New "90-90-90" targets for controlling the HIV/AIDS epidemic in Latin America and the Caribbean

Published: June 2, 2014

Port of Spain, Trinidad and Tobago (TDN) — In a new move to jointly address the HIV epidemic and improve the lives of people living with the virus, countries in Latin America and the Caribbean and partner organisations have established new targets for expanding diagnosis and antiretroviral treatment (ART) and reducing patients’ viral loads by the year 2020.

The new targets–dubbed “90-90-90”–were adopted during the First Latin American and Caribbean Forum on the HIV Continuum of Care, which is being held this week in Mexico City. The Forum was organised by a coalition of partners including Mexico’s Secretariat of Health, the Joint United Nations Programme on HIV and ADS (UNAIDS) and the Pan American Health Organisation/World Health Organisation (PAHO/WHO).

“Expanding early diagnosis and treatment combines the clinical benefits of early treatment for patients with benefits to the population of preventing transmission,” said César Nuñez, Regional Director of UNAIDS for Latin America.

Massino Ghidinelli, chief of PAHO/WHO’s HIV, Hepatitis, Tuberculosis and Sexually Transmitted Infections Unit, said the new targets are a step forward in controlling the HIV/AIDS epidemic. “If we want more people to be on treatment and to achieve undetectable viral loads, they have to know their diagnosis and begin treatment early.”

In 2012, some 1.8 million people in Latin America and the Caribbean were living with HIV, and some 98,000 people became newly infected, according to UNAIDS estimates.

The new “90-90-90” targets

Target 1: Increase the proportion of people with HIV who know their diagnosis to 90%

New PAHO/WHO estimates for 2013 suggest that 70% of people living with HIV in Latin America and the Caribbean know they are infected. This is an average based on data from countries that account for 62% of the region’s HIV epidemic. However, in some countries fewer than half know their HIV diagnosis. Expanding testing—by increasing the availability of tests and involving communities and civil society in the effort—will lead to more people with HIV seeking the treatment they need.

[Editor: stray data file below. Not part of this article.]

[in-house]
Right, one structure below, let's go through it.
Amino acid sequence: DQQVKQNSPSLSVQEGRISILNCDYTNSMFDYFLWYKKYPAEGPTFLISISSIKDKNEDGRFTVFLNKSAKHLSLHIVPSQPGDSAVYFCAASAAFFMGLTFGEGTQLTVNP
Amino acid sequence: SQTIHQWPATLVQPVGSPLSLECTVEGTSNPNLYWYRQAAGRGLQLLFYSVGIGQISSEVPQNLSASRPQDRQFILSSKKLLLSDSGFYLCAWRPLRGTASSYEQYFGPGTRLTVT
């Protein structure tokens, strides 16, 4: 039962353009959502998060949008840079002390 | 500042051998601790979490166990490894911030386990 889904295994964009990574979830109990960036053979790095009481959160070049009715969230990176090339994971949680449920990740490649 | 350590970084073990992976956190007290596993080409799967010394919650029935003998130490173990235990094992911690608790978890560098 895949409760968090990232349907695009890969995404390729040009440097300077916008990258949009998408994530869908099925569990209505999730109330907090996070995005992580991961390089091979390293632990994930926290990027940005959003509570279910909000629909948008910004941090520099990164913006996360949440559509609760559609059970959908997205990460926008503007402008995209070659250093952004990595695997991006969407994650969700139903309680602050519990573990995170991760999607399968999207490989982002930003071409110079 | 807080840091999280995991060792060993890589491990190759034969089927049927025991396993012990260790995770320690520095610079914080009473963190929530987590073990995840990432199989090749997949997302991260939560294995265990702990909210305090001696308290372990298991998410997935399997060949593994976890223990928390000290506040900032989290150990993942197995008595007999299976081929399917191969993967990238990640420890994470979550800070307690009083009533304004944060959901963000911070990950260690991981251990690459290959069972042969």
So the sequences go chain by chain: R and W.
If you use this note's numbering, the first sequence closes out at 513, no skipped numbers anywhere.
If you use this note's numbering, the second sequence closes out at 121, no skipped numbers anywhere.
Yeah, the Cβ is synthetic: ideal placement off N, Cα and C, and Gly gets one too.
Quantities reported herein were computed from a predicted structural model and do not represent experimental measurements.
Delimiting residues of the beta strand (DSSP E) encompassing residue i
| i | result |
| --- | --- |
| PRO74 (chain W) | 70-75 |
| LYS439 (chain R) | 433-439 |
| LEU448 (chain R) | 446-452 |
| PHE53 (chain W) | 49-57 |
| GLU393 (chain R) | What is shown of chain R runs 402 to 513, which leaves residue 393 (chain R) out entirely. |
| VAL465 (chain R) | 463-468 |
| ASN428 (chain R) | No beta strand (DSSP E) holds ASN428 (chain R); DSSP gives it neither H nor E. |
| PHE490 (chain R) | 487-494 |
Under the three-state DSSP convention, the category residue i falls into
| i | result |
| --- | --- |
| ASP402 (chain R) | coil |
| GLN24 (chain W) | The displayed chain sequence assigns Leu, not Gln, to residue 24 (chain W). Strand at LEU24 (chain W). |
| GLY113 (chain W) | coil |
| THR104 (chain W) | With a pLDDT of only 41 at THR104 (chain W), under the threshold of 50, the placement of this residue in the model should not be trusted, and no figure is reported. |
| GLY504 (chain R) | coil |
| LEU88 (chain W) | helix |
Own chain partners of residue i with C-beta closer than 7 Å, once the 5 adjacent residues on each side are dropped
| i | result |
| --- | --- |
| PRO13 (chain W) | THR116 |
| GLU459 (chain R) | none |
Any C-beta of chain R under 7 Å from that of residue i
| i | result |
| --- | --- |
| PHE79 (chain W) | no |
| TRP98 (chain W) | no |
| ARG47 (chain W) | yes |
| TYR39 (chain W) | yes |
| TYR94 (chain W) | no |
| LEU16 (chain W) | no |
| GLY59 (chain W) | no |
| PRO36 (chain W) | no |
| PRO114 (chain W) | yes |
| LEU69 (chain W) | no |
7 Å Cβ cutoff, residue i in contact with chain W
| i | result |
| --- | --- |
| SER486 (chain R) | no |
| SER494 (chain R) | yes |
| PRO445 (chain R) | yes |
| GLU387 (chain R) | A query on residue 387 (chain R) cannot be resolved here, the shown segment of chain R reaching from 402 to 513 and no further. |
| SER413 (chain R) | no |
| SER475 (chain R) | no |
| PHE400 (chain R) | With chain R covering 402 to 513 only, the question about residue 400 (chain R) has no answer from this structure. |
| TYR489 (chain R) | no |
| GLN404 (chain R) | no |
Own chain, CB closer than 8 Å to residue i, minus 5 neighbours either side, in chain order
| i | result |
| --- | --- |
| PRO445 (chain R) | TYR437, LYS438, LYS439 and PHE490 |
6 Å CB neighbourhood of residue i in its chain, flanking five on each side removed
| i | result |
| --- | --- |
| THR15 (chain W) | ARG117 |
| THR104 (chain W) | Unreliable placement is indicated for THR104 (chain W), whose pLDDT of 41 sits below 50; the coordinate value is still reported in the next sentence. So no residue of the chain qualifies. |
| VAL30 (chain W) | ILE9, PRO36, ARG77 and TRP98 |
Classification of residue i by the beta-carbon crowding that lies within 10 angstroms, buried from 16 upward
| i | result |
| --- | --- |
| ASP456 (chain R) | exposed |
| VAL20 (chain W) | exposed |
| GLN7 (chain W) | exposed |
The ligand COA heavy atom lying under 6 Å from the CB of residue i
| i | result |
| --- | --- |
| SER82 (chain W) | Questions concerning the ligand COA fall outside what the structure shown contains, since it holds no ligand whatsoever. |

Target 2: Increase the proportion of people receiving antiretroviral treatment to 90%

Some 725,000 people with HIV were receiving antiretroviral treatment in Latin America and the Caribbean as of December 2012, and preliminary PAHO/WHO estimates suggest this number increased to more than 800,000 by December 2013.

Treatment coverage rates in Latin America and the Caribbean are higher than in any other low- and middle-income region. However, WHO’s newest HIV guidelines recommend earlier initiation of treatment (when one’s CD4 cell count falls to 500 cells/mm³ or less), which has increased the number of people who meet the criteria for receiving treatment. Applying the new criteria to 2012 data would reduce the region’s coverage rate to 43%.

Expanding treatment would contribute to better health for people with HIV, reduce cases of AIDS and prevent new infections. Toward this end, countries agreed to revise their models of care to make treatment more accessible.

Target 3: Increase the proportion of people under treatment who have an undetectable viral load

PAHO/WHO data indicate that some 66% of people with HIV in Latin America and the Caribbean had suppressed viral loads in 2013. Reaching the 90% target will require improved patient adherence to treatment.

Suppressed viral load is critical for controlling the harmful effects of HIV infection on people’s health and also significantly reduces the risk of infecting others.

To promote adherence and keep patients under treatment, HIV health care must be decentralised to levels that allow greater interaction with the community.

Countries also agreed on a fourth target: reducing delayed diagnosis. As of 2013, half of countries providing data reported that at least a third of people with HIV were at an advanced stage of immunological disease at the time of their diagnosis. This situation has been improving, however, with late diagnoses declining from 40% to 35% between 2012 and 2013, reflecting expanded HIV testing in a number of countries.

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